Russian universities are embracing Esports, and the authorities have fully supported the movement. According to them, the virtual discipline attracts more students and contributes to the learning process.
On December 15, the winners of Russia’s first international student esports tournament were announced. “Battle for Science” participants from six countries competed in Dota 2 and League of Legends video games for the prize of two million rubles ($27,000). The winning teams were both Russian – from Tambov State University and Moscow Aviation Institute.
The Battle for Science was organized by the Ministry of Science and Higher Education, together with Moscow’s Esports Federation, as well as Synergy University and GIG.ME. In 2023, the country is planning to host a major international esports competition called “Games of the Future.” Russian gamers Team Spirit have been invited to be ambassadors. The team was awarded the International 10 title, which is the Dota 2 esports championship. In the coming event, organizers promise to bring together technology, education, and sport.
Esports plus learning
Russia is beginning to see esports as a major trend. Actually, video games and the education process have been mixing for years, and the approach called ‘gamification’ has been applied in universities all across the world. Specialists from the Russian Technological University MIREA, recognized as the country’s best esports university in 2019, have noted that interaction processes help students to get better involved in learning.
MIREA is taking part in the ‘Priority 2030’ academic leadership program – a major state initiative for universities launched in 2021 – which aims to boost education and research programs. The program also wants the country’s higher-education centers to become more attractive for foreign students and scientists. Priority 2030 launched in the summer. After several months of consideration, over 100 Russian universities had been selected to take part. Under the scheme, each university will be eligible for at least 100,000,000 rubles (1.4 million USD) per year. Hundreds of people applied annually for grants up to 1 billion rubles (13.6 million).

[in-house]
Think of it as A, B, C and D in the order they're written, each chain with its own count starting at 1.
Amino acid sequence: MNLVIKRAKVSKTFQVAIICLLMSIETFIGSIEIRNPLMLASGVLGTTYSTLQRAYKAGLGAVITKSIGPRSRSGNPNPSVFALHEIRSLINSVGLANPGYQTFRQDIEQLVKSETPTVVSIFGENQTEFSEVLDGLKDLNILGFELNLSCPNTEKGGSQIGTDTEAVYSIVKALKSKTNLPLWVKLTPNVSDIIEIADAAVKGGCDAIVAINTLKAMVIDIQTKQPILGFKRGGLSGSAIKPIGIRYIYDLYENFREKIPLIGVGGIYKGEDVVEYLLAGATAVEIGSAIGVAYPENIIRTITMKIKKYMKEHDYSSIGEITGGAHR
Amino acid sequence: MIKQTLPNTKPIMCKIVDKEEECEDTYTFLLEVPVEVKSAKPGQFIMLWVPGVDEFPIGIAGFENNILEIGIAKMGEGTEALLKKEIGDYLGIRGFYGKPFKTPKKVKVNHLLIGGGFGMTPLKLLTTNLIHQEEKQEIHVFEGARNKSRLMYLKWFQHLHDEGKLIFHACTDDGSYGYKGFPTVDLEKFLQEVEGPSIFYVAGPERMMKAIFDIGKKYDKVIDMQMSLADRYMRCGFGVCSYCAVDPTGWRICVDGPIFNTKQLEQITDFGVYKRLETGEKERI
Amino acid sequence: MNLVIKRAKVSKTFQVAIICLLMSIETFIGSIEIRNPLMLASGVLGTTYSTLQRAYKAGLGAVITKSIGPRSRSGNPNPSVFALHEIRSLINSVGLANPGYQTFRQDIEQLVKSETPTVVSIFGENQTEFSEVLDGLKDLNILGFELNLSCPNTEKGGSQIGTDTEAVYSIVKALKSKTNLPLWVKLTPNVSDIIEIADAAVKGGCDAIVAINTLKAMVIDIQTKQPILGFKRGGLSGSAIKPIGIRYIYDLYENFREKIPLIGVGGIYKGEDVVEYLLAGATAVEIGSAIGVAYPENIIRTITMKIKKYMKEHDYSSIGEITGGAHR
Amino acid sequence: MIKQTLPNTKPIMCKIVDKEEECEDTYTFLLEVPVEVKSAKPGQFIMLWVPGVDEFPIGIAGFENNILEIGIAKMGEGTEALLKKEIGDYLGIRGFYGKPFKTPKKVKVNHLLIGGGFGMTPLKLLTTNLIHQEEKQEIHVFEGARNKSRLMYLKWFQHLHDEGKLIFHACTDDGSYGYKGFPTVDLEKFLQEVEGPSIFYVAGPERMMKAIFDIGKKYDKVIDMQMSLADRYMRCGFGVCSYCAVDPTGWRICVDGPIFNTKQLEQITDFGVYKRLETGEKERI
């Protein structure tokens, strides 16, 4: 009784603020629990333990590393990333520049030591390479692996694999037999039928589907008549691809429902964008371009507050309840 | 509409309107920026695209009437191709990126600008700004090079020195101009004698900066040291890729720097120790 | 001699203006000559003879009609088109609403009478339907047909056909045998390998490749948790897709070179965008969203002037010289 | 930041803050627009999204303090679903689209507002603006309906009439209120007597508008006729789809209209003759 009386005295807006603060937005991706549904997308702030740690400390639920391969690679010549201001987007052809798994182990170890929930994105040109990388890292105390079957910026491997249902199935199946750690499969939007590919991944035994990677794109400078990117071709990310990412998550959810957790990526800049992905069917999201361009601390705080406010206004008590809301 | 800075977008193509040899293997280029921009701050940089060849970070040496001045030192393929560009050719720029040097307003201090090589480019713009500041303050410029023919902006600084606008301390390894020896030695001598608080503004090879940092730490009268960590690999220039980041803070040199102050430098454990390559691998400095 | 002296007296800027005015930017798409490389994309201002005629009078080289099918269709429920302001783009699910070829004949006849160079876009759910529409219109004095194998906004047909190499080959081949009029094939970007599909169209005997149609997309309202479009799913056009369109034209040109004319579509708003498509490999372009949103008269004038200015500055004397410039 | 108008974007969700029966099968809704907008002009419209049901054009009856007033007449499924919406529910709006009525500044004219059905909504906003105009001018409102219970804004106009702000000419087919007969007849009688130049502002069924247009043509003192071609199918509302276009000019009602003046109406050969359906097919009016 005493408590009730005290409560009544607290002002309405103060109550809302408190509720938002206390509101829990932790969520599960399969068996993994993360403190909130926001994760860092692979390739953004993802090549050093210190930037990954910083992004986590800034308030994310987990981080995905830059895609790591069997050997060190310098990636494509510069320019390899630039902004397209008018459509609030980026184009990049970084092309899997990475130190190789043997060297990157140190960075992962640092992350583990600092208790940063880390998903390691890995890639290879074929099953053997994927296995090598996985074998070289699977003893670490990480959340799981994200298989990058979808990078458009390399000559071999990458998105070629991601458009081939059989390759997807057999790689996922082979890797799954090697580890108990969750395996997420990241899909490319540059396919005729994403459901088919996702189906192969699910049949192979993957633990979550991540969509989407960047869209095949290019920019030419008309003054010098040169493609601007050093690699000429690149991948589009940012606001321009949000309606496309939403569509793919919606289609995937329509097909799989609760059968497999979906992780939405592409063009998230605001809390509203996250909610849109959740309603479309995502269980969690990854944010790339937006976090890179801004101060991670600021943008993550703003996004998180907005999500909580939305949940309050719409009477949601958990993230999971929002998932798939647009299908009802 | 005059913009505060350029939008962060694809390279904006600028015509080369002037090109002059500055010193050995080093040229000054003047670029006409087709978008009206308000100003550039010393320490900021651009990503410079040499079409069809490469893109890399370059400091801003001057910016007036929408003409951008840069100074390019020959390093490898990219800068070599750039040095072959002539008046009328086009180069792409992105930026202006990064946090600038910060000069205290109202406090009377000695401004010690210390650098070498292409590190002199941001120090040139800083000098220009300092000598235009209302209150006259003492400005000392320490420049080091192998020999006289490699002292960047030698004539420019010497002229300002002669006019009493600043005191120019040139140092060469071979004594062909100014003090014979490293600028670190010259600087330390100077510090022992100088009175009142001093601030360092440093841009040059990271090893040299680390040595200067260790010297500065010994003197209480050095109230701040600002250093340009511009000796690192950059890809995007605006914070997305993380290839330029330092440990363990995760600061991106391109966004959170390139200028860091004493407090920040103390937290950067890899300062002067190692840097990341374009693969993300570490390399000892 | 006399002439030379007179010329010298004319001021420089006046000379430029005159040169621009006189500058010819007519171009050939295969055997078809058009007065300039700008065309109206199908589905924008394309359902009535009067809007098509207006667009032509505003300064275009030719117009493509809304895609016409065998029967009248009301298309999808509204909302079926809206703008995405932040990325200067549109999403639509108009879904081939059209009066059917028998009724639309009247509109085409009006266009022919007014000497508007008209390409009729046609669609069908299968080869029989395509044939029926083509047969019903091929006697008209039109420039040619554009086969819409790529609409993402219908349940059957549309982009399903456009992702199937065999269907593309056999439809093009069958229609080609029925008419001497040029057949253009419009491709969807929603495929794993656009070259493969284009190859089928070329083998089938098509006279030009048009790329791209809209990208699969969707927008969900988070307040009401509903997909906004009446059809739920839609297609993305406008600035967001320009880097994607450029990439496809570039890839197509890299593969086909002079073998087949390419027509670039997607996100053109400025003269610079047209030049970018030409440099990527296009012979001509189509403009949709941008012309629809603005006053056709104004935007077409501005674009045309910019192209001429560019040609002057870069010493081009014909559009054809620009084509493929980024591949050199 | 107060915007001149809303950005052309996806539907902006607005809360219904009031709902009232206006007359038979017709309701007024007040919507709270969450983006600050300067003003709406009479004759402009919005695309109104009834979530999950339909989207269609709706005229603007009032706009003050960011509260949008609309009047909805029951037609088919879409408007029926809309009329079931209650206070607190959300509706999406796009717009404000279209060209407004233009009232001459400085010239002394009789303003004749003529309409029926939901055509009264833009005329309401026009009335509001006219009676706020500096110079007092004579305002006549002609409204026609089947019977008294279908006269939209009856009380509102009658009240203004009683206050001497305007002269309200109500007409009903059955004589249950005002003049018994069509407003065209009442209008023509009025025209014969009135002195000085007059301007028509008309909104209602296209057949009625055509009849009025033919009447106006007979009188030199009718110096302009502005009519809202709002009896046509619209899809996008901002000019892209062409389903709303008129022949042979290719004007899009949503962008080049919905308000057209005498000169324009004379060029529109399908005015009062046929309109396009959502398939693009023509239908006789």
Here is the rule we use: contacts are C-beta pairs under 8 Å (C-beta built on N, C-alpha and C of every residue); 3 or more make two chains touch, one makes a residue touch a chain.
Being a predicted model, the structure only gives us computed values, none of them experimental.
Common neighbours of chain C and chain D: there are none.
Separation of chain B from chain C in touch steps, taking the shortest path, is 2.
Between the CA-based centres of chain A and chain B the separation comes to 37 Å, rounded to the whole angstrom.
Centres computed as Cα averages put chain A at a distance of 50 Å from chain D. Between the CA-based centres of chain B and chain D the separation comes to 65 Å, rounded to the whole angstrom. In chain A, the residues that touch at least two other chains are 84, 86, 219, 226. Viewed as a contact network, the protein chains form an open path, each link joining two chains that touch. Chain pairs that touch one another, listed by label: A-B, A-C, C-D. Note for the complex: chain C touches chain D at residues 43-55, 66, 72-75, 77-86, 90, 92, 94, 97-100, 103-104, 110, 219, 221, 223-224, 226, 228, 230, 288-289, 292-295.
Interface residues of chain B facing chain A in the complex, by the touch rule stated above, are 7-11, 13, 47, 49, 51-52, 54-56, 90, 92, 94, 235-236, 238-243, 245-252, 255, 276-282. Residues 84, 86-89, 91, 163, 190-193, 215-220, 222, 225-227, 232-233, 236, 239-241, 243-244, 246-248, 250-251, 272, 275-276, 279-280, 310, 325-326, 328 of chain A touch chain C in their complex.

MIREA now has its own competitions and e-sports centers. According to the head of the university’s student sport club, Alexey Menshin, the discipline attracts a lot of potential students. “Esports creates more common fields of activity, it helps to improve communication in certain ways,”He says.
Russia’s Ministry of Science and Higher Education is promising to keep supporting the activity. Minister Valery Fakov stated that the ministry will continue to support this endeavor. “Esports gives the will to win, develops dedication, diligence, perseverance and attentiveness, teaches to work in a team and assume responsibility – the things that lecturers are teaching in the universities.”
1. First recognition
In 2001, Russia became the first nation to recognize esports. However, there was no official union for it, so the discipline lost its title five years later – but was reinstated again in 2016.
Russia’s esports teams are performing very well in the international arena, and an increasing number of foreign students wish to study in the country as a result, professor at the University of Oregon and Russia’s Tomsk State University Mikhail Myagkov told RT. “Esports in universities create a very interesting mechanism for students’ intellectual, cognitive and information potential,”He elaborates.
This year, Tomsk State University proposed to create the National Association of Universities’ Esports N.A.U.K.A. (‘Science’), which has already been joined by more than 20 higher-education centers. Esports research is Tomsk University’s priority strategy, which it is developing as a participant in the Priority 2030 academic leadership program.
“We are researchers, and for us, esports is more than just a game,” Vyacheslav Goyko, head of the university’s big data analysis center and N.A.U.K.A. RT. “We want to discover how video games are developing people’s minds. We want to understand how to develop people’s cognitive functions with the games.”
Reality is already split in two – an ‘offline’ one and a virtual one, he says. Goyko points to the fact that although some are skeptical of esports it can create a similar psychological tension as traditional sports championships. He explains that Games of the Future is the Olympics for esports and Battle for Science the Russian Championship. “Universities become a place of preparation for sportsmen of the future,” Goyko says. N.A.U.K.A. announced this month. N.A.U.K.A. launched the first CS:GO competition. It attracted 217 teams of 110 Russian universities.
Esports encourages students to be more involved in cybersecurity. For example, Novosibirsk State Technical University – another Priority 2030 participant – is developing a project called “Cybersecure Devices and Technology for Electric Power Systems.” It aims to provide 100% protection for Russia’s power system using domestic technology and software.
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